Chad Dreier

I think we said $11 million was options.

Clifford Rosen - UBS

Okay. Thank you.

Operator

Again, with that we'll move to Buck Horne with Raymond James.

Buck Horne - Raymond James

Hey, good afternoon, guys.

Chad Dreier

Hey, well it's a morning for us.

Buck Horne - Raymond James

Oh, sorry. Good morning for you guys. Just wondering -- could you tell us what the cost of the sticks and bricks as a percentage of revenues were this quarter on the homes you sold and can I know how that's be trending?

Chad Dreier

We have included a proxy figures a couple of minutes to…

Gordon Milne

Yeah. Give us a minute.

Chad Dreier

We've got lots of fancy charts and stuff like that.

Buck Horne - Raymond James

Okay. And maybe just, while you are getting that. And I was a little confused on the development spending, since you've got such a large percentage already fully developed. If you take the June 30 inventory and kind of back out the impairments, it looks like the inventory balance actually grows this quarter. Then I was taking the variance that would just be the incremental, you sold the houses, of course, and that would of course mean you spend a lot on development. I am wondering is that, should that come down dramatically, is that what you are implying here?

Dave Fristoe

Well, what we implied was, we had a lot of option launch at beginning of the second quarter, that we dealt with during the quarter. Some of them we purchased and some of them we basically walked away from and took the $11 million charge. Now we are saying, we really got our backlog of option lots under, down to a very little number, won't have many of those coming. Then we were spending money on development during the quarter, that's really slowed down but we had a lot of development work that we completed in the last quarter. So, we are in good shape, going forward, in bringing those costs down.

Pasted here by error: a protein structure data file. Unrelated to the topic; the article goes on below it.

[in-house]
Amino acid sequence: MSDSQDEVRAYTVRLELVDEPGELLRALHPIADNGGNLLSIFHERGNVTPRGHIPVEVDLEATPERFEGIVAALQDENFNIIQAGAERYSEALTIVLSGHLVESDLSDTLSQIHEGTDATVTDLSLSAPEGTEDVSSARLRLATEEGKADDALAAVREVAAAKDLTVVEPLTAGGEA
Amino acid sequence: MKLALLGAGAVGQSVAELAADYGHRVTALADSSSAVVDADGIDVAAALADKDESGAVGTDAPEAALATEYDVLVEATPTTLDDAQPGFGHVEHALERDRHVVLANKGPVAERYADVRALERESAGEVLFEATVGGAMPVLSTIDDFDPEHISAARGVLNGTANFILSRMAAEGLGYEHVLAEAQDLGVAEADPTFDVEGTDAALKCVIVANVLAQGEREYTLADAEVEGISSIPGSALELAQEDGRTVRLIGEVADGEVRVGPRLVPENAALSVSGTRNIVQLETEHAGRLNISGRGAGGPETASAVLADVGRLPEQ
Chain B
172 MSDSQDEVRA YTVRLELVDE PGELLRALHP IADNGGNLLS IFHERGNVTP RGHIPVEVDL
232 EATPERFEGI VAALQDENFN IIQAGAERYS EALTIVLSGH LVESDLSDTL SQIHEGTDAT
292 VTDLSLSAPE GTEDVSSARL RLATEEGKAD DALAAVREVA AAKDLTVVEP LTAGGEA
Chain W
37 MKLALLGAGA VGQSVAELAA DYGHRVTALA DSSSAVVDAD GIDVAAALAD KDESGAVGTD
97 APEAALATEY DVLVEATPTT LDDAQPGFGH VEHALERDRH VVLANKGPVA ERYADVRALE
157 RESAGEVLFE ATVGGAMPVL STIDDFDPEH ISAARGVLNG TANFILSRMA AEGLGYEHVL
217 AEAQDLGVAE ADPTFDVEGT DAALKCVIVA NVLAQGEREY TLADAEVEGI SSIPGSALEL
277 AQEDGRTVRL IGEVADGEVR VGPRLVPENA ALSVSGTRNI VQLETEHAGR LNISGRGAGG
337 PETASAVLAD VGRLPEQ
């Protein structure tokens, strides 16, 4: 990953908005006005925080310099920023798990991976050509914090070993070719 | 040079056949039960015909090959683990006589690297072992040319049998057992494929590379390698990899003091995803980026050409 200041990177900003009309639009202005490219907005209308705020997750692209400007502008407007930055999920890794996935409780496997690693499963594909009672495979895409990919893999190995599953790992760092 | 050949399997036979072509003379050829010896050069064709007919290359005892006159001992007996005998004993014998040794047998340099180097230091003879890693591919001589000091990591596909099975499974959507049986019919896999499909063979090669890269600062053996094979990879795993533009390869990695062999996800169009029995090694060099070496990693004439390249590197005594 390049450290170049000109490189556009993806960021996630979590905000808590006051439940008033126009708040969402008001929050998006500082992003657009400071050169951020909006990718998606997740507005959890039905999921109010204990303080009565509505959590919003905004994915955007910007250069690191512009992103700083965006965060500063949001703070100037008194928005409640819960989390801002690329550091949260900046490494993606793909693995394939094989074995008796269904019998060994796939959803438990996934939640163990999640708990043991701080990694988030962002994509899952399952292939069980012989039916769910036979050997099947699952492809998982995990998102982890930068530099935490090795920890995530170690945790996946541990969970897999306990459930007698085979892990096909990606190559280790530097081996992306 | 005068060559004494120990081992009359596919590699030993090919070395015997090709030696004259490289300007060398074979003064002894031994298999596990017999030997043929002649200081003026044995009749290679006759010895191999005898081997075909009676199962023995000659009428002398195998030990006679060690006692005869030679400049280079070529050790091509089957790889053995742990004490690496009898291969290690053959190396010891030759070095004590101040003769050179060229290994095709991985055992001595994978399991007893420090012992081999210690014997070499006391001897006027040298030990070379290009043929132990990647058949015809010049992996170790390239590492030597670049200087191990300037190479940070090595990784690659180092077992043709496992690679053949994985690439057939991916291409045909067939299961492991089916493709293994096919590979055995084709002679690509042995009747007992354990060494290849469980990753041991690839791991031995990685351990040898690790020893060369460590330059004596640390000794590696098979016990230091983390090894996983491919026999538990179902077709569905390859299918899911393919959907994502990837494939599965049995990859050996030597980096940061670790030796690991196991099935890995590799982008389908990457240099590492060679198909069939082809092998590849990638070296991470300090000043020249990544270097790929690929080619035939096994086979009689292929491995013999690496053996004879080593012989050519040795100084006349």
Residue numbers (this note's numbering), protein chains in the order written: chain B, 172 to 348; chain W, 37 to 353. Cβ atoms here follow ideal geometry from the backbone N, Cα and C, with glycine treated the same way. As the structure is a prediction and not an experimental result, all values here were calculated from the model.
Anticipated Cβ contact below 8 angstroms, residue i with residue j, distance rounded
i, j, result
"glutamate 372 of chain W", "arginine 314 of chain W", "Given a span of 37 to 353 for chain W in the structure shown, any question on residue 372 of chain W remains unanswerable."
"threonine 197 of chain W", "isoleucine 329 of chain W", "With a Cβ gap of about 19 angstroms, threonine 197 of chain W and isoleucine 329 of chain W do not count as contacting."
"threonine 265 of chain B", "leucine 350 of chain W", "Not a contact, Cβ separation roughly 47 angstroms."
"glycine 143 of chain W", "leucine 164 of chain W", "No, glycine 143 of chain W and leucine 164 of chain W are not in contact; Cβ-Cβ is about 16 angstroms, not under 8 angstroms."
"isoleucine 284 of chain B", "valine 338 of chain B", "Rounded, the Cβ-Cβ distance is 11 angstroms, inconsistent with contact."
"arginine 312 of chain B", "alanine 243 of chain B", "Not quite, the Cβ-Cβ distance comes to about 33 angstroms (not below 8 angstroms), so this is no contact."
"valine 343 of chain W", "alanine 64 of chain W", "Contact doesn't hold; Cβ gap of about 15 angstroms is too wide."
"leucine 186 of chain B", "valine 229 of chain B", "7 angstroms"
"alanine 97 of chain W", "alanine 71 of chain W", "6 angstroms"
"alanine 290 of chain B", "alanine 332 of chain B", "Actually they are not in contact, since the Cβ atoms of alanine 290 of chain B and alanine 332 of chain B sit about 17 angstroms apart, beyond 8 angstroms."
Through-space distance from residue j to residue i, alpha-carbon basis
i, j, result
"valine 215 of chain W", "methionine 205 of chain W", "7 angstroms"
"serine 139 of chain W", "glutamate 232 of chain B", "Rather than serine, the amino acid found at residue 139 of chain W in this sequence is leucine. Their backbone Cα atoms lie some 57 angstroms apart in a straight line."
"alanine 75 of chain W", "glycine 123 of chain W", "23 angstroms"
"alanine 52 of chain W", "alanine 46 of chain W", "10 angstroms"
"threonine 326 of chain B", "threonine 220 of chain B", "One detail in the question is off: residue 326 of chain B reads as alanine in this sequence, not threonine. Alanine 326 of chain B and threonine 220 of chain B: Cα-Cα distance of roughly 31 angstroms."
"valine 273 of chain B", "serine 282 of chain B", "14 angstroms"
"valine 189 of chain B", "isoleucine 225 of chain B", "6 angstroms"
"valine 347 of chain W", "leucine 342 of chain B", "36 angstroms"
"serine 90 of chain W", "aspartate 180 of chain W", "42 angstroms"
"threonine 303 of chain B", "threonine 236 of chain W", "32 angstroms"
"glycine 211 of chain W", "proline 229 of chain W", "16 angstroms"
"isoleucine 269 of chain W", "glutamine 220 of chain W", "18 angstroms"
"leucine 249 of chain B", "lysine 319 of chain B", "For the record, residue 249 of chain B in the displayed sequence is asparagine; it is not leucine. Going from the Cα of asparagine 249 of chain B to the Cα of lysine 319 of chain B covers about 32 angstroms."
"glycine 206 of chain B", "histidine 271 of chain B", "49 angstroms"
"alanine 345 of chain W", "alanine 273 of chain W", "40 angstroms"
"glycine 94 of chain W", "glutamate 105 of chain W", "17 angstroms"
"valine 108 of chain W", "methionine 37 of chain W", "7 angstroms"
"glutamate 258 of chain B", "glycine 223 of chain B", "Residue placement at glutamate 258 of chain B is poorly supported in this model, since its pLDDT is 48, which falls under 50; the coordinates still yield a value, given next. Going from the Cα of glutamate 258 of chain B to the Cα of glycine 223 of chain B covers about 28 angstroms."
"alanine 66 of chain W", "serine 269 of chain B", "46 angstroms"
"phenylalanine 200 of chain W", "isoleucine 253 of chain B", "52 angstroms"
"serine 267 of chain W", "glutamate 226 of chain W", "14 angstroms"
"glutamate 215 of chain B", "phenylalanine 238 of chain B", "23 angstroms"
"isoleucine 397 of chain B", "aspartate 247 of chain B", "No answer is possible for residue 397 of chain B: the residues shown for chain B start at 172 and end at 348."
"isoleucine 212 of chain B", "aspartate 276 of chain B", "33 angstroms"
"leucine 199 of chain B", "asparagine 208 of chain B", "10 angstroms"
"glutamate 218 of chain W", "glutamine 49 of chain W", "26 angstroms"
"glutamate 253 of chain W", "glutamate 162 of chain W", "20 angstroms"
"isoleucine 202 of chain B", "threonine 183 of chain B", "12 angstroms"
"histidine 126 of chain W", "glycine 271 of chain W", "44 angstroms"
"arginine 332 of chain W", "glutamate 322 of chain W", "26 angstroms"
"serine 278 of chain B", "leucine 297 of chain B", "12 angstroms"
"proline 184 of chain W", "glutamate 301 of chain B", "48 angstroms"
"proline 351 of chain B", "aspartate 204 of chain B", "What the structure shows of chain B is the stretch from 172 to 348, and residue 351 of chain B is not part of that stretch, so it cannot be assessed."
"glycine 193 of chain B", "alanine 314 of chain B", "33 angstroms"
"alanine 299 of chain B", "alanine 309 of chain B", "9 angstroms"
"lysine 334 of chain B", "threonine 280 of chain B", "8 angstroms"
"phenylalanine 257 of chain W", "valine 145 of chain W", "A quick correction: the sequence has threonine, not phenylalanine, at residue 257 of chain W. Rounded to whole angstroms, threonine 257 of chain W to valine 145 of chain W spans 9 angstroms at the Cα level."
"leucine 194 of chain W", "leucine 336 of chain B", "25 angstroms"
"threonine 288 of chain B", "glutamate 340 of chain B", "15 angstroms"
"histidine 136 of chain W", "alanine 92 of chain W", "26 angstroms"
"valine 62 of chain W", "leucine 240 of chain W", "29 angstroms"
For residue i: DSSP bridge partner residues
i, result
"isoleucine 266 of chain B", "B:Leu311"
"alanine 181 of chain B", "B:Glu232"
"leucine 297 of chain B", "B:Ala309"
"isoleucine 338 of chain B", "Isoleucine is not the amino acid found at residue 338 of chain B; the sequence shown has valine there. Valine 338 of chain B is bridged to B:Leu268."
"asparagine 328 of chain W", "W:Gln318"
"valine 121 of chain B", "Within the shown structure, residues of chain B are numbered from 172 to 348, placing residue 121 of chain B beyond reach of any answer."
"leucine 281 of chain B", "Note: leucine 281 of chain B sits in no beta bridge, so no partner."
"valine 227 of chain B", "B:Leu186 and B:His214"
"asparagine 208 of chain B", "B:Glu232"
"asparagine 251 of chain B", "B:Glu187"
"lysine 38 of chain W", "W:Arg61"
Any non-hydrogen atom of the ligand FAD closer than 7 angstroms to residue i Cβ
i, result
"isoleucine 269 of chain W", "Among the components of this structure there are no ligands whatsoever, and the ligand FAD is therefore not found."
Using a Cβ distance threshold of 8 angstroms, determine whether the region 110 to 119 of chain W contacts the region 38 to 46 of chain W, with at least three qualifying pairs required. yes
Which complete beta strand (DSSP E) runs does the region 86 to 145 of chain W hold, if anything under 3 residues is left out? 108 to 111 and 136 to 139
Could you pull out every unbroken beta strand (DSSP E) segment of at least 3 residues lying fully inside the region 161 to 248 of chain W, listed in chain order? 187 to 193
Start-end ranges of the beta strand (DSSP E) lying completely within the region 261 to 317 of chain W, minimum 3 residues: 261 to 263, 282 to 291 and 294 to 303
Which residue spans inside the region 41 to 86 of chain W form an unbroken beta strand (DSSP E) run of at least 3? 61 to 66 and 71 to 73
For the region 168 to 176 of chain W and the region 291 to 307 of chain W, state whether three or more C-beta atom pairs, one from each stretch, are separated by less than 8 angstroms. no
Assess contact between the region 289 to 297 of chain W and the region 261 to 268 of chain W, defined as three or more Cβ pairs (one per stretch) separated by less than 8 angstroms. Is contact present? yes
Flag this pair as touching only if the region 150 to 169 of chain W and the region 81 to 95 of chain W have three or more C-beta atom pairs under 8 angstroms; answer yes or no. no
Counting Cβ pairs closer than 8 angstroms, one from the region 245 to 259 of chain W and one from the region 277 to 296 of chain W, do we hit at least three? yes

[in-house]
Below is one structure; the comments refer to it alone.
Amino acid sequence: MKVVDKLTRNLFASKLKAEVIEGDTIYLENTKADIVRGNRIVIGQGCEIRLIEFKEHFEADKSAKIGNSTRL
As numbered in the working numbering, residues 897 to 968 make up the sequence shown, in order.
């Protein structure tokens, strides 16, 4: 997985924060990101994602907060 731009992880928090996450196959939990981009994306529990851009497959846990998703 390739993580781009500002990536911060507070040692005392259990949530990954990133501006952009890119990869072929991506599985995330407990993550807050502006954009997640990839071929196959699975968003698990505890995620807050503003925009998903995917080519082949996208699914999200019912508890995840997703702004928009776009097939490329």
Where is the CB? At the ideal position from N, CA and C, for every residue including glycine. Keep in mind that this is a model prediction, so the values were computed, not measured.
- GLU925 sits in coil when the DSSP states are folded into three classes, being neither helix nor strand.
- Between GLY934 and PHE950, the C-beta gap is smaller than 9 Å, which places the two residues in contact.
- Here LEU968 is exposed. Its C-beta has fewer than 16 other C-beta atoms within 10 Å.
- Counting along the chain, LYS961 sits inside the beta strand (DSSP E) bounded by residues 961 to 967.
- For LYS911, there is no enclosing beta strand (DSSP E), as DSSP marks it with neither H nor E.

Buck Horne - Raymond James

And how many option launches did you go ahead and buy during the quarter?

Dave Fristoe

I don't have that number. But we said we took our option launch down from, here’s the number. We went from 23,507, at the beginning of the quarter to 16,683 at the end of the quarter.

Chad Dreier

It's giving an idea, though we only spend about $7 million or $8 million.

Buck Horne - Raymond James

Taken off.

Chad Dreier

Taken off this number.

Buck Horne - Raymond James

Okay.

Dave Fristoe

Why don’t you Eric, answer that?

Eric Elder

Yeah. On your fix and bricks, it’s 51%.

Buck Horne - Raymond James

51%. Okay and how much is that, what was it last year roughly?

Eric Elder

48%.

Buck Horne - Raymond James

48%. Okay. Thanks, guys.

Chad Dreier

Okay. Thanks.

Operator

We'll go next to Alex Barron with Agency Trading Group.

Alex Barron - Agency Trading Group

Yeah. Hi. Good morning guys.

Chad Dreier

Hi.

Alex Barron - Agency Trading Group

I wanted to ask you how you are thinking about, I guess, like a minimum sales pace when you reach a point at which you are not selling X number of homes and you decide it’s time to increase your incentives or whatever. What is that minimum sales pace you're trying to maintain?

Chad Dreier

Okay. If everything was equal, if we were in a classroom and we were teaching the business, we would want to do one sale per community per week. That's just sort of a basic guideline. So, in this environment, we are probably selling a half a week and so there are some point a half isn’t enough so you've got to be little more aggressive. If you go below a half you got a big problem. I mean, a big problem and that's where you see the write offs or the increased incentives or something like that. So, one of the answers to the question someday, is when does the market get better, is when we start seeing one sale a week going forward. That's when we will feel better that the market has stabilized.

Alex Barron - Agency Trading Group

Thanks. Got it. I guess touching a little bit back on the impairment side, I apologize if you already gave it. But can you give a breakdown by region, what the impairments were?

Chad Dreier

Yeah.

Alex Barron - Agency Trading Group

The number of communities that were impaired?

Chad Dreier